|Net Interest Margin||3.40%||3.40%||3.50%||3.20%||2.20%|
|Capital Adequacy Ratio – Basel III||16.50%||17.00%||18.40%||16.50%||8.50%|
Instead of acknowledging their financial stress, Yes Bank began under-reporting their NPAs. The RBI caught on and warned them about this practice. However, the bank continued to underreport NPAs. In FY19-20, their Tier 1 Capital fell below regulatory requirements and their Tier 2 Capital was restricted to 2% from 6.37%. Financial conditions didn’t improve at Yes Bank and NPA’s continued to weigh on the balance sheet. Finally, in 2020, the RBI levied a moratorium on Yes Bank and wrote off its AT-1 (Additional Tier-1) Bonds.
Yes Bank – A Timeline of Events
Yes Bank Moratorium
The RBI gave Yes Bank enough time to come up with a credible revival plan instead of going through the regulatory restructuring route. Yes Bank failed to entice market participants with their offering. As there were no takers, the RBI stepped in. On 5th March 2020, the RBI released a statement saying that Yes Bank was now under moratorium since it couldn’t raise sufficient capital. This triggered bond covenants and the withdrawal of deposits.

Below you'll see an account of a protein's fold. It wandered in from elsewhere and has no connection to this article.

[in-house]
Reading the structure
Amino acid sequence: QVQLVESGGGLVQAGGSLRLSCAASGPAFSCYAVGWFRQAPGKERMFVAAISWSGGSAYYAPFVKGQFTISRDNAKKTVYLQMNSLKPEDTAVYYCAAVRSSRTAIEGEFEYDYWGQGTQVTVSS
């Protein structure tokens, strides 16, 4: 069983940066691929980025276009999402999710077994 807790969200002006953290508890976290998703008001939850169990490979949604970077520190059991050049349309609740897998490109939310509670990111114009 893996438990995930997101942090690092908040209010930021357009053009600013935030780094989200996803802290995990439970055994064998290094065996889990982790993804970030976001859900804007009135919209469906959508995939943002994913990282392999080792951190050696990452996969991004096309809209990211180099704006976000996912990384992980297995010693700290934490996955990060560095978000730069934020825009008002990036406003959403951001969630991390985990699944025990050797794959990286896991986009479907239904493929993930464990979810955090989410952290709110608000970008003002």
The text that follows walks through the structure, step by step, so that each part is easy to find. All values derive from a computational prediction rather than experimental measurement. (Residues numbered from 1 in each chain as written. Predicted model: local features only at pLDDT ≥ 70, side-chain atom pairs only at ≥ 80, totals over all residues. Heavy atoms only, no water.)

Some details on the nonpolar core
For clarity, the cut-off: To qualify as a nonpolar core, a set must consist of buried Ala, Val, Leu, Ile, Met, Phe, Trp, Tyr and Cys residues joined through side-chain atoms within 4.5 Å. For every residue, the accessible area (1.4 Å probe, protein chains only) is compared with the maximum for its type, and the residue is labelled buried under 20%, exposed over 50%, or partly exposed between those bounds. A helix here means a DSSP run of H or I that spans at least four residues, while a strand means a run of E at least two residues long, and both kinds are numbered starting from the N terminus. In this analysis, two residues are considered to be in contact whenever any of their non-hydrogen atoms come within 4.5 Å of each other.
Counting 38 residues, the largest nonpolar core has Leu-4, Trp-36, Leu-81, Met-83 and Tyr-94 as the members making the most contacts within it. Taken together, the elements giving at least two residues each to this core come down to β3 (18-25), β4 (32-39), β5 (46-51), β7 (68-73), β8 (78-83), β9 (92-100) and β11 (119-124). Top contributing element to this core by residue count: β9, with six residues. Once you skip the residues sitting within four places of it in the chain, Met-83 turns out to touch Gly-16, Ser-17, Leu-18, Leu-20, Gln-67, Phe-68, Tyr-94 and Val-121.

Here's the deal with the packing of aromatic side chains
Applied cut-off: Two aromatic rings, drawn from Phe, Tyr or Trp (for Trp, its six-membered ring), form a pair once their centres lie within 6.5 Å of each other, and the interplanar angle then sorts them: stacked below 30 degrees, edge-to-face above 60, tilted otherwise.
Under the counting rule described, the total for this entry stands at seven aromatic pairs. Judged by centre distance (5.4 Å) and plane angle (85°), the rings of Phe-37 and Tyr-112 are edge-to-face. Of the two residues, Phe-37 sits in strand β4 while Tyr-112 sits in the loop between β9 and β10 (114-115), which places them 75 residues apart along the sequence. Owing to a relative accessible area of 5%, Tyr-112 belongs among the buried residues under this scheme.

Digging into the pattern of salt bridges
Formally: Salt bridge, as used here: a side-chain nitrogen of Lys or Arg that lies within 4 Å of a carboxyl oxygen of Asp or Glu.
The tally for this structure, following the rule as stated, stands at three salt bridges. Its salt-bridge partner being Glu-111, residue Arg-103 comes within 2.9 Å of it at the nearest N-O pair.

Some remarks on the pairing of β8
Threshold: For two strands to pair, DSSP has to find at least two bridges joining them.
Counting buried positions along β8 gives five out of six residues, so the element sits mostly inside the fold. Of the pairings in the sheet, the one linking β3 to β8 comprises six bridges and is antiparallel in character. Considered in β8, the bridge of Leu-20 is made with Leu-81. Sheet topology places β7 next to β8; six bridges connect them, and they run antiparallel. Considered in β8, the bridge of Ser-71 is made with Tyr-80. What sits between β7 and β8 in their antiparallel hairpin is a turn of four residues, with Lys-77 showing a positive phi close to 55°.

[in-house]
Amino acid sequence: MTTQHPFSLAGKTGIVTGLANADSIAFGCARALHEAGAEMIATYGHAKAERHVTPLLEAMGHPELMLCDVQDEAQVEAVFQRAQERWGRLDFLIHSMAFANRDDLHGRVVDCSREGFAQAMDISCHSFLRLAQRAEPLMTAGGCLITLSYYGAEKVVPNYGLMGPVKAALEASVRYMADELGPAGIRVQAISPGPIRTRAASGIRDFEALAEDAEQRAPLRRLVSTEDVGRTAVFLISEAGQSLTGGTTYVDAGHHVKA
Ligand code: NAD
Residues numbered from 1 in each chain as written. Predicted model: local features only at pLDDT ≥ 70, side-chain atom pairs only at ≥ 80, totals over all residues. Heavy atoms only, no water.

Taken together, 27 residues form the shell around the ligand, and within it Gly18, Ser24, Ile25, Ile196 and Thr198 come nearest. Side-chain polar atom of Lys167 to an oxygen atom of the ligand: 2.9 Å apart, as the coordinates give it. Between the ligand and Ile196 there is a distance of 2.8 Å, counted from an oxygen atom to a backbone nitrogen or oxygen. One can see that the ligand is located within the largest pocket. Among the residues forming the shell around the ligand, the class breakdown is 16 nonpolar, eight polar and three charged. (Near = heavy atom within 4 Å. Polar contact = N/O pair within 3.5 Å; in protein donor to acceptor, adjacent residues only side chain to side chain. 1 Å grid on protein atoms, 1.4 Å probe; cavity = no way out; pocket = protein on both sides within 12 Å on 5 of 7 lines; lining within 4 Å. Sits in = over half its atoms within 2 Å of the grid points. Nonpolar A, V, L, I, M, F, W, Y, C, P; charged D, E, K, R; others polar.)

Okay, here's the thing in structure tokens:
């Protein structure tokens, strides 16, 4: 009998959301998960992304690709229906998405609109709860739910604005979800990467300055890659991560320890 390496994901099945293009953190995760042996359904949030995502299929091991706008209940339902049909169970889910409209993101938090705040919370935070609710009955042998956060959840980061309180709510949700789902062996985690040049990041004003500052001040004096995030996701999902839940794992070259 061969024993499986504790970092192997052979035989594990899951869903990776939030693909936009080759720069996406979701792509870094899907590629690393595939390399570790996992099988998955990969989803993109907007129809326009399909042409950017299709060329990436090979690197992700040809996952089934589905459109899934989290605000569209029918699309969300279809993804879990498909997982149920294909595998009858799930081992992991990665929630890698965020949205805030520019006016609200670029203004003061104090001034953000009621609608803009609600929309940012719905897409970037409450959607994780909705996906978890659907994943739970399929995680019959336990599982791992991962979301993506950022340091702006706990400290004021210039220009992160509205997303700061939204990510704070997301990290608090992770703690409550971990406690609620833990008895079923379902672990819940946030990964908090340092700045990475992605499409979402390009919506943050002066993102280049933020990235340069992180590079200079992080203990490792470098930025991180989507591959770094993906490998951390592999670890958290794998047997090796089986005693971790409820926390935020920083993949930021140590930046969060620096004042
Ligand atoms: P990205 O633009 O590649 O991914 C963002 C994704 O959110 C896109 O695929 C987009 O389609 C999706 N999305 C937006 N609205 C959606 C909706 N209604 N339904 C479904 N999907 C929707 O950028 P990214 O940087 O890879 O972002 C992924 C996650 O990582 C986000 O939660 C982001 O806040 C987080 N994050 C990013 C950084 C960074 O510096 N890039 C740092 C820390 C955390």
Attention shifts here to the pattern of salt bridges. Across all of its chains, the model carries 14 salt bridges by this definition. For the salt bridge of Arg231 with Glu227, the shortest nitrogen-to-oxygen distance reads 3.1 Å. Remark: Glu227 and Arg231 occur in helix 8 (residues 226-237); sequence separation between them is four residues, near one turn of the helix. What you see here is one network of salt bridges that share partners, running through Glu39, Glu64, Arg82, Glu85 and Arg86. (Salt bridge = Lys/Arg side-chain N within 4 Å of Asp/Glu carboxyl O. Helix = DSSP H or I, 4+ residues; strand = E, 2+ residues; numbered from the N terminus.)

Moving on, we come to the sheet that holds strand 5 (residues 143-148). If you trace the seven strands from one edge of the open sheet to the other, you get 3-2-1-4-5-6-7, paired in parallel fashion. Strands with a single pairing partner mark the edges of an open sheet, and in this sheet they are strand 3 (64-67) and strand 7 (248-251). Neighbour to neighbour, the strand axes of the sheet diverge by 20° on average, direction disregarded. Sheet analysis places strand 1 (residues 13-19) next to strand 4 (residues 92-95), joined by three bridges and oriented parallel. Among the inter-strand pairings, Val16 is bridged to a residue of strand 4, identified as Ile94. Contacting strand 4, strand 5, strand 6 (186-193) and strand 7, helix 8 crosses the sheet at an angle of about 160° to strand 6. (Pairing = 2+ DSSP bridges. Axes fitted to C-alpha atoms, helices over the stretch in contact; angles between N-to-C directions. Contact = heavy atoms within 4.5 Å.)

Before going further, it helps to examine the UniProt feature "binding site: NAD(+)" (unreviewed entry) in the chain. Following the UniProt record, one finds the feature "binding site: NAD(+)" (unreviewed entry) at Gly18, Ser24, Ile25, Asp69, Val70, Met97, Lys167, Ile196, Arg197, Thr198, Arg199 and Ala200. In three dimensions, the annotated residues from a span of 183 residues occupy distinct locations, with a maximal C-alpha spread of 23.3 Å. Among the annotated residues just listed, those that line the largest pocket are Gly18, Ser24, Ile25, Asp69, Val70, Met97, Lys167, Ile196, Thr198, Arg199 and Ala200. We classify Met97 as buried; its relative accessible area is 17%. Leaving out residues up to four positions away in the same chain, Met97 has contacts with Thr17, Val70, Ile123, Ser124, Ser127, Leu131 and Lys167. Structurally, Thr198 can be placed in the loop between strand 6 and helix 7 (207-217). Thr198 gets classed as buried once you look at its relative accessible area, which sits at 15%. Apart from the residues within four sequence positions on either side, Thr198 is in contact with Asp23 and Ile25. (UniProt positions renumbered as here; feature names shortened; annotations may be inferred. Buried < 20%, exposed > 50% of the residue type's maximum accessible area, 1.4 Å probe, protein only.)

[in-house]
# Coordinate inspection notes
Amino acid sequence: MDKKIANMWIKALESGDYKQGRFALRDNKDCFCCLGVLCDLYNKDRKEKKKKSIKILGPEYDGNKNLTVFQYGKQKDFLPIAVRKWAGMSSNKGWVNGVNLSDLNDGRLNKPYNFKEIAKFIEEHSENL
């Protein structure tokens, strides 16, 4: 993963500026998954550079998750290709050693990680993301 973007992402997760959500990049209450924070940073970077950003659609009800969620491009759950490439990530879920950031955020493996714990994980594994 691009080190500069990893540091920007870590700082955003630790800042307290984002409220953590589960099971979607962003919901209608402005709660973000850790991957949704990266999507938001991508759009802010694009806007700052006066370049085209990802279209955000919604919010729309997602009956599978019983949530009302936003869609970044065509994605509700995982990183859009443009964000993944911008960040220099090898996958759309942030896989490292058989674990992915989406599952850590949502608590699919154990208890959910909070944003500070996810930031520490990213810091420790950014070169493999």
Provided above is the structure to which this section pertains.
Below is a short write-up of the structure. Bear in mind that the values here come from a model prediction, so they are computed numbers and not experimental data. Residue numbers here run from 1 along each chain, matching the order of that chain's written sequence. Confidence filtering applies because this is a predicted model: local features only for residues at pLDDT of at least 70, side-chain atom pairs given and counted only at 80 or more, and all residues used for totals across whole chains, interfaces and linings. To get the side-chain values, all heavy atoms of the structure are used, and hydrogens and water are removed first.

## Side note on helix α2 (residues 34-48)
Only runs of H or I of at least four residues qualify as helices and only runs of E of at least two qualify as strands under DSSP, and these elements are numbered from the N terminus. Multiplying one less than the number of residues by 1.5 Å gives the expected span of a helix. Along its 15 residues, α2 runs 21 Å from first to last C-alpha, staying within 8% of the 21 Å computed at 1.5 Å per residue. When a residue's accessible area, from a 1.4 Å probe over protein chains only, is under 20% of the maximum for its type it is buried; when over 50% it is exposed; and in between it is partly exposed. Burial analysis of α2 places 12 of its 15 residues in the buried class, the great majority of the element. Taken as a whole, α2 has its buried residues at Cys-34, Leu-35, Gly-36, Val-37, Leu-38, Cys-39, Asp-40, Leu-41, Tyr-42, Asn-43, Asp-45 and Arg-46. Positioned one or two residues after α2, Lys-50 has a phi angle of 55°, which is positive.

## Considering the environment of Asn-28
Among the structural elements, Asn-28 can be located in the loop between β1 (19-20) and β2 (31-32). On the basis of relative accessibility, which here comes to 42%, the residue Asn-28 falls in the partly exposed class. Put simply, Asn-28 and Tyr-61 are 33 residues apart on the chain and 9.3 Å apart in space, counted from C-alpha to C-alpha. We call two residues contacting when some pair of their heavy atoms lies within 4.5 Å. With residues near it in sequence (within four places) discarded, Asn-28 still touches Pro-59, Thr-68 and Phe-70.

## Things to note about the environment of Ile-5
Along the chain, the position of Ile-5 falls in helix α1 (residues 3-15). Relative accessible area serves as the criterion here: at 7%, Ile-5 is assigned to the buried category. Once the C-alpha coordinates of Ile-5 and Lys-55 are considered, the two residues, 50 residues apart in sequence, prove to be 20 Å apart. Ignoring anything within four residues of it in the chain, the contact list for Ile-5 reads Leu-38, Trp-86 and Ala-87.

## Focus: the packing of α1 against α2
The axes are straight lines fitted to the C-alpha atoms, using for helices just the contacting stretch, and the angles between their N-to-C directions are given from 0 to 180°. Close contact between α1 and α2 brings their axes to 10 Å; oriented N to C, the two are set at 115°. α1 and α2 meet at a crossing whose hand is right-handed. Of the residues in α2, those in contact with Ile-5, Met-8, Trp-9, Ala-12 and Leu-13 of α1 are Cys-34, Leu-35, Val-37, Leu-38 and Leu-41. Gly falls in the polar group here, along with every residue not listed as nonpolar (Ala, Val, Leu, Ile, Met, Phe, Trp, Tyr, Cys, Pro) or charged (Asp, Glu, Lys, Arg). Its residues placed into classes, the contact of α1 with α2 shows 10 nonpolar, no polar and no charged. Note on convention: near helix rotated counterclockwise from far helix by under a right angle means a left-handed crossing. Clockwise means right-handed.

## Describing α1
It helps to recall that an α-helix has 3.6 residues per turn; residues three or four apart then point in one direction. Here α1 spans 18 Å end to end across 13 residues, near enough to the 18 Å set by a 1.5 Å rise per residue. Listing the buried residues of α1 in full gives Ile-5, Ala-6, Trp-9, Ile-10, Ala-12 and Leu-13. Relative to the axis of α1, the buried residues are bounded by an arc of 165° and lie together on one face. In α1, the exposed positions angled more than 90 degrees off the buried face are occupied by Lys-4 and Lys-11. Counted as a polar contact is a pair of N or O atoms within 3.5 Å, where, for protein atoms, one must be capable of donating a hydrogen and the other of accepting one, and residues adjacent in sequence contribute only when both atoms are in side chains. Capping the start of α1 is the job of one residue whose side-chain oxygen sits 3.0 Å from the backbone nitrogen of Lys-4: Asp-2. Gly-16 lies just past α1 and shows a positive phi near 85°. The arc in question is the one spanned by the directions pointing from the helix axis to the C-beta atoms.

A moratorium on the bank meant that the withdrawals were capped at Rs. 50,000 per account (emergencies exempt up to 5,00,000). The bank’s board was suspended. SBI and a consortium of investors infused capital into Yes Bank to keep it afloat and help it run daily operations.
Part of the shareholding pattern as of 31st March 2021 is given below:
|State Bank of India||30.00%|
|Life Insurance Corporation of India||4.99%|
|HDFC Life Insurance Company Limited||1.37%|
|IDFC First Bank||1.15%|
Yes Bank AT-1 Bonds & Super FDs
After the global financial crisis, the international standard for banks was to move to Basel III norms. These norms stated that banks needed more capital for financial stability. Under the Basel norms, new instruments were issued. The primary purpose of these instruments was to preserve financial stability. Investor protection came second. AT-1 bonds formed a part of Tier-1 Capital and could be converted to equity or written off.
According to SEBI, Yes Bank misrepresented these risks and marketed their AT-1 bonds as ‘Super FDs’ to retail customers. According to the regulator, more than 97% of AT-1 bondholders were customers of Yes Bank. Hundreds had prematurely withdrawn their fixed deposits and reinvested them in the AT-1 bonds. SEBI also noted that the lot size (minimum investment size) for the bonds was substantially reduced to accommodate retail investors. Most investors had no clue how AT-1 bonds were different from bank fixed deposits.